14. Jarren Duran, 2B/OF, Bats: L, DOB: 9/5/96, ETA 2020
2018 Stats (A-/A): .357/.394/.516/.910, 14 2B, 11 3B, 3 HR, 24 SB, 5.3 BB%, 15.9 K%, 283 AB
Every time I look at it, this 2018 Red Sox draft class looks better and better. Duran was taken in the seventh round back in June and thoroughly impressed in his first professional season. Speed is Duran’s most noteworthy tool and is 65-grade at the very least. Along with it comes a clean swing with plus bat speed and above-average contact skills. He doesn’t walk a ton, but displays solid plate coverage and limits his strikeouts. There’s a lot to like here with Duran.
15. Josh Ockimey, 1B, Bats: L, DOB: 10/18/95, ETA 2019/2020
2018 Stats (AA/AAA): .245/.356/.455/.811, 21 2B, 20 HR, 1 SB, 14.6 BB%, 31.0 K%, 404 AB
The key to Josh Ockimey’s success largely hinges on me not ever being in attendance for his games. Seriously. Just a few days apart in July, Ockimey went a combined 0/9 with eight strikeouts in games I was in at. Maybe I’m just bad luck for him, who knows. On one of the nights, I called his performance “hot garbage,” which created a little back and forth between his brother Mike and I. But don’t worry, we’re cool. Right, Mike?
@EricCross04 Hot Garbage huh ?
— Mike Ockimey (@Ockimey_24) July 19, 2018
Ockimey has plus raw power, but needs to incorporate his lower half more if he wants to continue hitting for power as his career progresses toward Boston. As you can see below, there’s very minimal load or weight transfer. Mostly just his upper half. If he can use that strong lower half more, 25-plus home runs annually is a very realistic expectation. He’ll also need to trim down the strikeouts if he wants to keep his batting average respectable. Stronger target in OBP formats due to his usually strong walk rate.
16. Nick Northcut, 3B, Bats: R, DOB: 6/13/99, ETA 2021
2018 Stats (RK/A-): .223/.303/.319/.622, 10 2B, 2 HR, 0 SB, 8.5 BB%, 29.3 K%, 166 AB
The Red Sox grabbed Northcut in the 11th round and wooed him away from his Vanderbilt commitment with some extra cash. That looks like a great move by Boston as Northcut projects to be an above-average offensive third baseman with plus raw power and a decent feel for hitting already. He can get a tad aggressive, but if he can tone that down, Northcut should add solid batting averages to that 30-plus HR pop. Defensively, he’s adequate at the hot corner with a strong throwing arm.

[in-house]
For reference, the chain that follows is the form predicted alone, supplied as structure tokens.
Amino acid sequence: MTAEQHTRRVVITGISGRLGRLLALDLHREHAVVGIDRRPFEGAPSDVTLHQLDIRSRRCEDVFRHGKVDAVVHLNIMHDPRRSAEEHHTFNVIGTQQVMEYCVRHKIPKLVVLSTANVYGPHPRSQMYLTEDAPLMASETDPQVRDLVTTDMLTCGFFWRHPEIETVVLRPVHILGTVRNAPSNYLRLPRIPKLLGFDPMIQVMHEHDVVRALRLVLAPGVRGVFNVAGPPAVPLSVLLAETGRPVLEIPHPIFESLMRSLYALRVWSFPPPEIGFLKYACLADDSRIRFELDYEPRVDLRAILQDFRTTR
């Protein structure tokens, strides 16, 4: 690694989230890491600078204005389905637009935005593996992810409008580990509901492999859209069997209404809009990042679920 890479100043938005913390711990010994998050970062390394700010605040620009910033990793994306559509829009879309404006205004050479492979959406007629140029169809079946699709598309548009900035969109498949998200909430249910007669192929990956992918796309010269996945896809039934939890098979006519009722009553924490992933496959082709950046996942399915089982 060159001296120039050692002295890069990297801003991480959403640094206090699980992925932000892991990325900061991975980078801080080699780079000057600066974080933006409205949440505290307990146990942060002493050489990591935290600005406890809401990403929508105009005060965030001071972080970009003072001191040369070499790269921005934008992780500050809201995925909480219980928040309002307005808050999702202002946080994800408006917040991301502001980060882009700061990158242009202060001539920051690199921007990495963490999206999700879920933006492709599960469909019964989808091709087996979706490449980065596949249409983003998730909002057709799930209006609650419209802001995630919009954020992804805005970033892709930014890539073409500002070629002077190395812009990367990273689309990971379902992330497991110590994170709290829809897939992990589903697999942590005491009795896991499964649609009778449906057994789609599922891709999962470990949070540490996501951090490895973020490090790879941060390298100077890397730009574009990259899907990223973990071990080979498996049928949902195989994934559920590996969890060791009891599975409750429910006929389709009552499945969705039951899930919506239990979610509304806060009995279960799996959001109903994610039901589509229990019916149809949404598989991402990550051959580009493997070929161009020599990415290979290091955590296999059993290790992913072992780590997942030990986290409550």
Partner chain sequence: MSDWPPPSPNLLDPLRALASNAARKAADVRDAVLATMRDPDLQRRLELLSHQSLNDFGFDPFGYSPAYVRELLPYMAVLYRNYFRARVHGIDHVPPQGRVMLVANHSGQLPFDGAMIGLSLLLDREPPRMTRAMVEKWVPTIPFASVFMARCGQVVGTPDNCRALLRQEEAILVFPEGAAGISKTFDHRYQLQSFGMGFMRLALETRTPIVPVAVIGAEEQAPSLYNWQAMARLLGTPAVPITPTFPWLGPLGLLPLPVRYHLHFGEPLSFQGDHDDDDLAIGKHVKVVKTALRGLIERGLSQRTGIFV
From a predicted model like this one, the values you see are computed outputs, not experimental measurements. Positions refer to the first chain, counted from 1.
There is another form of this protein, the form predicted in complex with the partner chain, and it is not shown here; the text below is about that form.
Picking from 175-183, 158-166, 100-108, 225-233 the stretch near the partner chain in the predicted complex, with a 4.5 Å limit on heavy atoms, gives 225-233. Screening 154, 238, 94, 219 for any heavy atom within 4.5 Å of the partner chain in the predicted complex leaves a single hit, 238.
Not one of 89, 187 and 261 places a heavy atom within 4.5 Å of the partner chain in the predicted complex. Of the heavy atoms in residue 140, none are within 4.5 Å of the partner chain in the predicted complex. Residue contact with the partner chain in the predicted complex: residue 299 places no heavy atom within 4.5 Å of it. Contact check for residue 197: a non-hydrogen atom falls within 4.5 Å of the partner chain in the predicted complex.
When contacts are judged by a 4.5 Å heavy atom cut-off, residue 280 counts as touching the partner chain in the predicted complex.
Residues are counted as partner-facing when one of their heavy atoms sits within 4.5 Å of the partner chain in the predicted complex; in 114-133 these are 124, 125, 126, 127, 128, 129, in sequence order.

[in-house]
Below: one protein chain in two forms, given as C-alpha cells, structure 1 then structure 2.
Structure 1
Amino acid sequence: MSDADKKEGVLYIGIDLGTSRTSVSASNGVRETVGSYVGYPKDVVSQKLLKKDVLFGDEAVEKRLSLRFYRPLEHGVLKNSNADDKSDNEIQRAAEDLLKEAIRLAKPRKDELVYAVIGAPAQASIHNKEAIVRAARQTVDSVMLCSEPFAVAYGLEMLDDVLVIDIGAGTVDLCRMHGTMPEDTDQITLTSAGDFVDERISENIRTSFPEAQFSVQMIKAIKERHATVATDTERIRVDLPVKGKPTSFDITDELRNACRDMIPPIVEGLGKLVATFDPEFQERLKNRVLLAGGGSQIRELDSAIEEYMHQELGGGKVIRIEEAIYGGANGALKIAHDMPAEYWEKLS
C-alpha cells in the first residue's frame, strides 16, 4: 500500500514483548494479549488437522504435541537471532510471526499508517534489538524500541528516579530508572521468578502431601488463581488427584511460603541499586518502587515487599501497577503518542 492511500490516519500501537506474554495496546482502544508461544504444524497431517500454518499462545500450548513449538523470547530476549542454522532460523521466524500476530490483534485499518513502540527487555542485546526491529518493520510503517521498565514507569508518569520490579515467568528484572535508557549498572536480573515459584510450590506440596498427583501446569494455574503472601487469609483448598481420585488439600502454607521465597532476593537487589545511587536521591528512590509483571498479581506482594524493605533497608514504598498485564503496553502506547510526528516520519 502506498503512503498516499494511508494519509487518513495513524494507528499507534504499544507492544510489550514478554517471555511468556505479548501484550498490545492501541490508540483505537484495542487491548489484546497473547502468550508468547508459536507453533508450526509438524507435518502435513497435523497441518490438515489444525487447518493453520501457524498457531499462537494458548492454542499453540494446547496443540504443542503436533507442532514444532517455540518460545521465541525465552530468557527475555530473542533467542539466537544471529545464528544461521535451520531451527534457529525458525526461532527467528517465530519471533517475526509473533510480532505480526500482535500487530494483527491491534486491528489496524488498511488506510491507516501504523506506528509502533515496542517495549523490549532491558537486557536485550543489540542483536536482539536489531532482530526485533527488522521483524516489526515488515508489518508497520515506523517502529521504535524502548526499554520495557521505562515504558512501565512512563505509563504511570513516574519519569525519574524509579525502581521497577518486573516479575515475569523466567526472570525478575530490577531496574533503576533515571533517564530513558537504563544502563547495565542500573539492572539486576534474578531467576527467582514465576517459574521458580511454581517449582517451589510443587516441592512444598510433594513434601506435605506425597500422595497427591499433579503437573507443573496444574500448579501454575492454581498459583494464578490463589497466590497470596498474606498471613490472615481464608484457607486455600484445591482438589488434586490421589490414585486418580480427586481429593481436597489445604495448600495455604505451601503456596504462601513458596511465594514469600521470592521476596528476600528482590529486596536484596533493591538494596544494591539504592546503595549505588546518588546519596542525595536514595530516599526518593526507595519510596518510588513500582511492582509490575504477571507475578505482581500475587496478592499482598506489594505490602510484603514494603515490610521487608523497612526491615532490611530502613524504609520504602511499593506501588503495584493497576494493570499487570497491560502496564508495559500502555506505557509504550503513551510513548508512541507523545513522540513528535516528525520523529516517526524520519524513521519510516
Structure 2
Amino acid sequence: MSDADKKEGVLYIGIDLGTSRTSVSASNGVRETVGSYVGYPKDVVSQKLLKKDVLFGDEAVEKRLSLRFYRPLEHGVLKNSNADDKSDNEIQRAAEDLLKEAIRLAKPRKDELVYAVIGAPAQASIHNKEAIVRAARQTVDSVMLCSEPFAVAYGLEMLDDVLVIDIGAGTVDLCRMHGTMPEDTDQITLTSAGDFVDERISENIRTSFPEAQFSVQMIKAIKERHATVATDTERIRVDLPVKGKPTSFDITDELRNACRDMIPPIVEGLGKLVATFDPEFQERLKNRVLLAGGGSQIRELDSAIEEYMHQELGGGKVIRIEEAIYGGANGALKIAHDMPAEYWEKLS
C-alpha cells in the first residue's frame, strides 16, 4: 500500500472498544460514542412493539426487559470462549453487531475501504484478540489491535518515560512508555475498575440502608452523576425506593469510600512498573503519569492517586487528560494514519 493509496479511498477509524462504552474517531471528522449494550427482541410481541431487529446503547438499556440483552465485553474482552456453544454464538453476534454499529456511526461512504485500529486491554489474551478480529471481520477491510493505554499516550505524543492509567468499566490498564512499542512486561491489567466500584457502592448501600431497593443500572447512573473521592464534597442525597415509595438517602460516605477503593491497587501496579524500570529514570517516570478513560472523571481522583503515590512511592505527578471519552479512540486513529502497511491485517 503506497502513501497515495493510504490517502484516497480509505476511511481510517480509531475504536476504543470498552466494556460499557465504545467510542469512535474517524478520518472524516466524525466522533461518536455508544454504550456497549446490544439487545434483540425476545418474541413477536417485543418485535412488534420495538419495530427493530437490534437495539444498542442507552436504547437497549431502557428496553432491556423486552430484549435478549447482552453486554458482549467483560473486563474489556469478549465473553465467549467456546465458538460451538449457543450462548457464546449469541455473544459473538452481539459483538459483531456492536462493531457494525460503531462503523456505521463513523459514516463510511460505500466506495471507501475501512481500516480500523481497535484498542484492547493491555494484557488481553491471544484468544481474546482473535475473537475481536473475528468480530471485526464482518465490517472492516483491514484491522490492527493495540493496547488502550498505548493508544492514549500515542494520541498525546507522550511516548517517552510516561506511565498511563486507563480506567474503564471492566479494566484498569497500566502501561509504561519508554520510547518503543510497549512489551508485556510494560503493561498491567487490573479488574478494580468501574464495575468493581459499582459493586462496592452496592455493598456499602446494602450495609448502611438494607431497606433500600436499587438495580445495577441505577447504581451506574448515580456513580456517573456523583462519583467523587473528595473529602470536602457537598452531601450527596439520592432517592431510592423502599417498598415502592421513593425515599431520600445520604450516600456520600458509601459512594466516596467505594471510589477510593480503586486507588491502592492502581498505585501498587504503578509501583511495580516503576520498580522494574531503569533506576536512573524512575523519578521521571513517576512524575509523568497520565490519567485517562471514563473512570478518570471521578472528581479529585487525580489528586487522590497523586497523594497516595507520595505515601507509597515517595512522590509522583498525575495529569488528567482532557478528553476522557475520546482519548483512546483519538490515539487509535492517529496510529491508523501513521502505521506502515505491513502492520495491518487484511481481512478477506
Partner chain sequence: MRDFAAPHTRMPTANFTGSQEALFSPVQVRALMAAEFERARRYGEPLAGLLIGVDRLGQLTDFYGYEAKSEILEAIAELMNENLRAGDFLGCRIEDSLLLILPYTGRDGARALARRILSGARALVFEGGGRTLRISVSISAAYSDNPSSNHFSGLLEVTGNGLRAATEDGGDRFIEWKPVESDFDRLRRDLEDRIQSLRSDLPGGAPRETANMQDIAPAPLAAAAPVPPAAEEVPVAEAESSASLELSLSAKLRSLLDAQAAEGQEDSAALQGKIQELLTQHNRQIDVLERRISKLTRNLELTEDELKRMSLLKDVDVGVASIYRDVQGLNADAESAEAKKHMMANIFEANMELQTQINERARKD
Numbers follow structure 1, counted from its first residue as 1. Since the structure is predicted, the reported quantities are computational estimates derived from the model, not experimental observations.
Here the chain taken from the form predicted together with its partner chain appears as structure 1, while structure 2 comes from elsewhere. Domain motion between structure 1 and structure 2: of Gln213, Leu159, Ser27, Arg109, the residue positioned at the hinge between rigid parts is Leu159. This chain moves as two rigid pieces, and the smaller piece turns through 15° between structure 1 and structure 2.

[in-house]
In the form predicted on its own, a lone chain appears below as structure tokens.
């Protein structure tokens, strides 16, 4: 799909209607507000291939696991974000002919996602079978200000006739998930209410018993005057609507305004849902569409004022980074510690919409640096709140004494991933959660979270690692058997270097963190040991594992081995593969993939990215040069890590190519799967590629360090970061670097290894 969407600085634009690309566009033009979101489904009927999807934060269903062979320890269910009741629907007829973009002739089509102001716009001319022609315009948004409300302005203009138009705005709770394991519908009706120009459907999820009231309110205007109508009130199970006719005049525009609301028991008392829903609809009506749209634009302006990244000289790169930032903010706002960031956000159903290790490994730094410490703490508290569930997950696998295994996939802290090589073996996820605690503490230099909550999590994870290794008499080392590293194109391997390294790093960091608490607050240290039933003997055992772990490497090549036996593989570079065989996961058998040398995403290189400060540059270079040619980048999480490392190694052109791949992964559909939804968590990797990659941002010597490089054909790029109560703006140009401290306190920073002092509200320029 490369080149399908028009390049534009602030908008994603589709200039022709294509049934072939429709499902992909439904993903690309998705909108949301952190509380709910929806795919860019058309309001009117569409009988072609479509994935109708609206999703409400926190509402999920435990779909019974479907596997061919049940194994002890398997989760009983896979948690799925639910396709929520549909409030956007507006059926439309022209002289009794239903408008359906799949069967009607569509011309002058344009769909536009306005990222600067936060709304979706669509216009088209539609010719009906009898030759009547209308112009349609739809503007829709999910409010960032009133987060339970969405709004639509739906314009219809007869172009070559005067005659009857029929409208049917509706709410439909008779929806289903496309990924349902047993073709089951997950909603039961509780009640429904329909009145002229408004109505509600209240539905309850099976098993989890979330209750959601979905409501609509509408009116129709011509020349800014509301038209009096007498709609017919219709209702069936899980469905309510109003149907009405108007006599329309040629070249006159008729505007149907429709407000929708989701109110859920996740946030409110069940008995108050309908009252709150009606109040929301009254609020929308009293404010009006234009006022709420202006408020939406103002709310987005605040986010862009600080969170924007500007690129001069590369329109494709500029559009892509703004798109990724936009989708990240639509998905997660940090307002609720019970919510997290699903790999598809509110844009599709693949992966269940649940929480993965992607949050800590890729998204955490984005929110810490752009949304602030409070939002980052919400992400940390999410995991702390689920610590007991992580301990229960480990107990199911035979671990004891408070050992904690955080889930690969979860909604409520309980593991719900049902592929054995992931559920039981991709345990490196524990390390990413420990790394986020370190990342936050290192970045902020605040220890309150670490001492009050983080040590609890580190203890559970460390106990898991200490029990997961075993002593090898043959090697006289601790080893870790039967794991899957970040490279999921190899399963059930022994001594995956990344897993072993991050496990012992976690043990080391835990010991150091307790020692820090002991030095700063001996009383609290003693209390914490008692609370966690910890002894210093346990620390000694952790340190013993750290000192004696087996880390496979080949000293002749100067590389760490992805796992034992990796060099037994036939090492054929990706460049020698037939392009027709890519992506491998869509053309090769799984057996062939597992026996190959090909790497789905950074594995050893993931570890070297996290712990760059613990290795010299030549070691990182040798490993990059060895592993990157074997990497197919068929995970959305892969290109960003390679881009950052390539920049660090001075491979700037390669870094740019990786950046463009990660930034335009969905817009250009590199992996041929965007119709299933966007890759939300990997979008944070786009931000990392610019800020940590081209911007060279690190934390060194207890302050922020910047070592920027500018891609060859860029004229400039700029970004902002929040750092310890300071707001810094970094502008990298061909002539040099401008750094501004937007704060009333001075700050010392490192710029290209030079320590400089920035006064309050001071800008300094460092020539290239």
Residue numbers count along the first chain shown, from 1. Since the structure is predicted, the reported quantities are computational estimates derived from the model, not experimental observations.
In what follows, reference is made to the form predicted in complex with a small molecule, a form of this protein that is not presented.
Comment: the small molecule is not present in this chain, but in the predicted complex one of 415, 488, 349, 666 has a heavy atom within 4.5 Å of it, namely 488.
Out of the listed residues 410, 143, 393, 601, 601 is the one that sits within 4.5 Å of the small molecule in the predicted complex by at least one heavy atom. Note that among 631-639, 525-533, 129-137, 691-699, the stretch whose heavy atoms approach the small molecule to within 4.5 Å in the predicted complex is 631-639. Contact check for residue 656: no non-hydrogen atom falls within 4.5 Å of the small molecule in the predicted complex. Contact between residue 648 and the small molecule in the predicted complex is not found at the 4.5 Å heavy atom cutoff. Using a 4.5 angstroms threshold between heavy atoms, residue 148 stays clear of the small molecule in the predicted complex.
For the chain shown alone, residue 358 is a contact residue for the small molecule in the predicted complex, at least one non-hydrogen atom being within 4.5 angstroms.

17. Gilberto Jimenez, OF, Bats: S, DOB: 7/8/00, ETA 2023
2018 Stats (RK): .319/.384/.420/.804, 10 2B, 8 3B, 0 HR, 16 SB, 6.7 BB%, 14.1 K%, 257 AB
It’s still very early, but the tools here cannot be ignored. Forget power, Jimenez has none of that. But what he does have is elite speed, solid bat to ball skills, and a good feel for the strike zone. Jimenez doesn’t strike out often and could find himself atop a lineup one day if he can continue to put balls in play and utilize his speed.
18. Brandon Howlett, 3B, Bats: R, DOB: 9/12/99, ETA 2022
2018 Stats (RK/A-): .289/.402/.513/.915, 16 2B, 6 HR, 1 SB, 15.2 BB%, 22.3 K%, 152 AB
This is a name you could easily see 10-12 spots higher next spring. Howlett’s plus raw power is already peeking its head out during games and he’s displayed strong plate discipline so far as a pro. If the hit tool can come close to the power, you’re looking at a starting Major League third baseman with above-average offensive upside. Keep an eye on him.
19. Denyi Reyes, RHP, DOB: 11/2/96, ETA 2020
2018 Stats (A/A+): 155.2 IP, 1.97 ERA, 0.91 WHIP, 1.1 BB/9, 8.4 K/9, .210 AVG
Happy Birthday Denyi. Reyes is coming off a phenomenal season in the South Atlantic and Carolina Leagues and has yet to post an ERA north of 3.00 in his professional career. While the stats are great, don’t jump to conclusions here. Reyes has been successful so far on the strength of his plus command but doesn’t have an arsenal that really excites you. The fastball sits in the low 90’s with some sink and all three of his secondary pitches are average, with his changeup flashing some extra upside. Still, that control is a great thing to have in your back pocket and should continue to carry Reyes up the Red Sox organizational ladder.